While superbly adapted to Teton-like habitats, mountain goats are not native to our local mountains. Instead, they are likely descendants of animals translocated from native origins to the Snake River Range south of the Tetons by the State of Idaho in the 1960s, when such moves by game and fish agencies were common. Decades later, dispersing goats have begun establishing a population in the Teton Range, representing perhaps the biggest ecological threat to the area in modern history. Wild sheep and goat experts estimate that the Tetons could support 250-400 mountain goats if left to their own devices, where their presence would threaten native bighorn sheep, alpine plants, and the integrity of natural processes that have evolved over the millennia. Park biologists are studying goats intensively and developing a management plan that will assess alternatives for managing or eliminating the risk these otherwise splendid animals pose to our local environment.
FishBack To Top
Protecting Native Cutthroat Trout and Stream Habitat
Grand Teton’s pristine waterways contain vital habitat for the only native trout species in the Greater Yellowstone Ecosystem — the Yellowstone and Snake River Cutthroat Trout. These fish are subject to many stressors including culverts and other impediments to fish passage, competition with non-native trout, and warming stream temperatures. Support for fisheries research will focus on understanding non-native trout populations in Kelly Warm Springs, Ditch Creek, Snake River, and other park waters in an effort to protect native fish habitat and assure future health of the park’s aquatic ecosystems. Studies of water flow, water temperatures, and non-native fish distribution and movement will be coordinated with a variety of agency, academic, and non-profit conservation partners and stakeholders.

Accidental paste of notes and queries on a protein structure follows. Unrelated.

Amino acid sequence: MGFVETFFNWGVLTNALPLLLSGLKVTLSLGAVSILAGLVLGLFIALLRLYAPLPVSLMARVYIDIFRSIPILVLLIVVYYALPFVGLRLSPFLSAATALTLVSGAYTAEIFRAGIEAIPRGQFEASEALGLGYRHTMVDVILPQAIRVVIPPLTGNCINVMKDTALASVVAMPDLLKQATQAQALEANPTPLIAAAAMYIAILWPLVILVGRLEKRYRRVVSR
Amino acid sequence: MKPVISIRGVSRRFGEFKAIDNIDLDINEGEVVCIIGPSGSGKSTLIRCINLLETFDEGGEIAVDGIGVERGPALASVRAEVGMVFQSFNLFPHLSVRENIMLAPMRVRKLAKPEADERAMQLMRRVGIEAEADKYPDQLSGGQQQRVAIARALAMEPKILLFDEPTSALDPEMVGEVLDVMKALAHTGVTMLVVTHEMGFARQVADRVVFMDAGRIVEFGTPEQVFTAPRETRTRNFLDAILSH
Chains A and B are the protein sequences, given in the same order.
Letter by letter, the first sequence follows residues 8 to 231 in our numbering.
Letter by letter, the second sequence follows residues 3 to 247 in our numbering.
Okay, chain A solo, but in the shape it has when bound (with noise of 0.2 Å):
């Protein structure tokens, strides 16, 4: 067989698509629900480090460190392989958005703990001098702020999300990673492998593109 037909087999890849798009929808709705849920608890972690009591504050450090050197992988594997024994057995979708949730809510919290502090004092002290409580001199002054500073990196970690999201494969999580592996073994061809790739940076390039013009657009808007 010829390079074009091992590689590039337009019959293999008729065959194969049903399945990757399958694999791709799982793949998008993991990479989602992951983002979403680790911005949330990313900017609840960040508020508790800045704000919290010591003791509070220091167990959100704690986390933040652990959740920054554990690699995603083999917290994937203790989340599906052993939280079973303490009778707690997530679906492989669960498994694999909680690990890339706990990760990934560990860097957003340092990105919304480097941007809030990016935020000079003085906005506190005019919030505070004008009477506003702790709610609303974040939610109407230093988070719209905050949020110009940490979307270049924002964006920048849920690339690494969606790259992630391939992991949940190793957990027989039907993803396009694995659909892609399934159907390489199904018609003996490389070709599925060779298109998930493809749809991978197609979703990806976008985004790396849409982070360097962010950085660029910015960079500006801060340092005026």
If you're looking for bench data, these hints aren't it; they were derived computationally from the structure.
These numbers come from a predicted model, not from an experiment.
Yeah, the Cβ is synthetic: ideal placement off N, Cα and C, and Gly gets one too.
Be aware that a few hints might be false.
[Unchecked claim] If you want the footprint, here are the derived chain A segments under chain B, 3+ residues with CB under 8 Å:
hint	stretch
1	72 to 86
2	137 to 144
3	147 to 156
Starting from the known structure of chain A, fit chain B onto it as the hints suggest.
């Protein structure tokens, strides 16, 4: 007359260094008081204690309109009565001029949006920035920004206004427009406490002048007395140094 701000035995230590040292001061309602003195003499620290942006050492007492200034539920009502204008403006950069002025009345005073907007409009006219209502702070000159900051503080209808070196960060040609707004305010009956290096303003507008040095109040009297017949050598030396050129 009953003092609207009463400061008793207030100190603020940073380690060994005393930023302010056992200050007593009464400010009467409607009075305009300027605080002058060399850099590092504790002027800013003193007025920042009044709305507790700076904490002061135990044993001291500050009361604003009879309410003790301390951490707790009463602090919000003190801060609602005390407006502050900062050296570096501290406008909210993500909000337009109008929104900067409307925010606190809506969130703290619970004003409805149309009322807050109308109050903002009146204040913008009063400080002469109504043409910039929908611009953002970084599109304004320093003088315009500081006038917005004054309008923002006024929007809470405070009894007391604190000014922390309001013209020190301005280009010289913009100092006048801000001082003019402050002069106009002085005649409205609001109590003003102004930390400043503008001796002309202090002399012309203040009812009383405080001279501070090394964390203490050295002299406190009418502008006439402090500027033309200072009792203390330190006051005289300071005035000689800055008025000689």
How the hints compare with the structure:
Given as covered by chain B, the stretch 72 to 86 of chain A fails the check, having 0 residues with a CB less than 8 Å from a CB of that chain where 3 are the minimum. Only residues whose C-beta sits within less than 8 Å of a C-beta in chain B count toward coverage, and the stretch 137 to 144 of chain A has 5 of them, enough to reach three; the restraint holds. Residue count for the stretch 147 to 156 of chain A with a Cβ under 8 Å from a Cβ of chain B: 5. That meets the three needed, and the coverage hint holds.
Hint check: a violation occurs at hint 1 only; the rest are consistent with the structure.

MigrationBack To Top
Reaching Beyond Borders to Protect Biodiversity
Building on the successful delineation and conservation of the Path of the Pronghorn in partnership with the Wildlife Conservation Society, park biologists have studied migration patterns of red-tailed hawks, osprey, elk, and bison, and are currently focused on rough-legged hawks and mule deer. To date, six new migration corridors from mule deer summer ranges in the park to winter ranges well beyond the park’s borders have been discovered. In 2017, efforts will focus on continued migration monitoring and conducting detailed spatial and temporal analyses of movement data to assess potential risks to corridor permeability, focusing on important terrain features and land use. These steps are fundamental precursors to development of long-term conservation actions needed to help protect these important migration corridors and the park’s biodiversity.
Wildlife BrigadeBack To Top
Training Volunteers Who Make Grand Teton Safer for All
Tasked with facilitating safe interactions between visitors and animals, Grand Teton’s Wildlife Brigade members are part ambassadors, part compliance officers. This valuable group of volunteers manages roadside “wildlife jams,” patrols picnic areas for unsecured food, and shares educational information with visitors. By funding resources for topnotch volunteer training and everyday equipment needs, the Foundation ensures the Brigade’s effective operation year after year.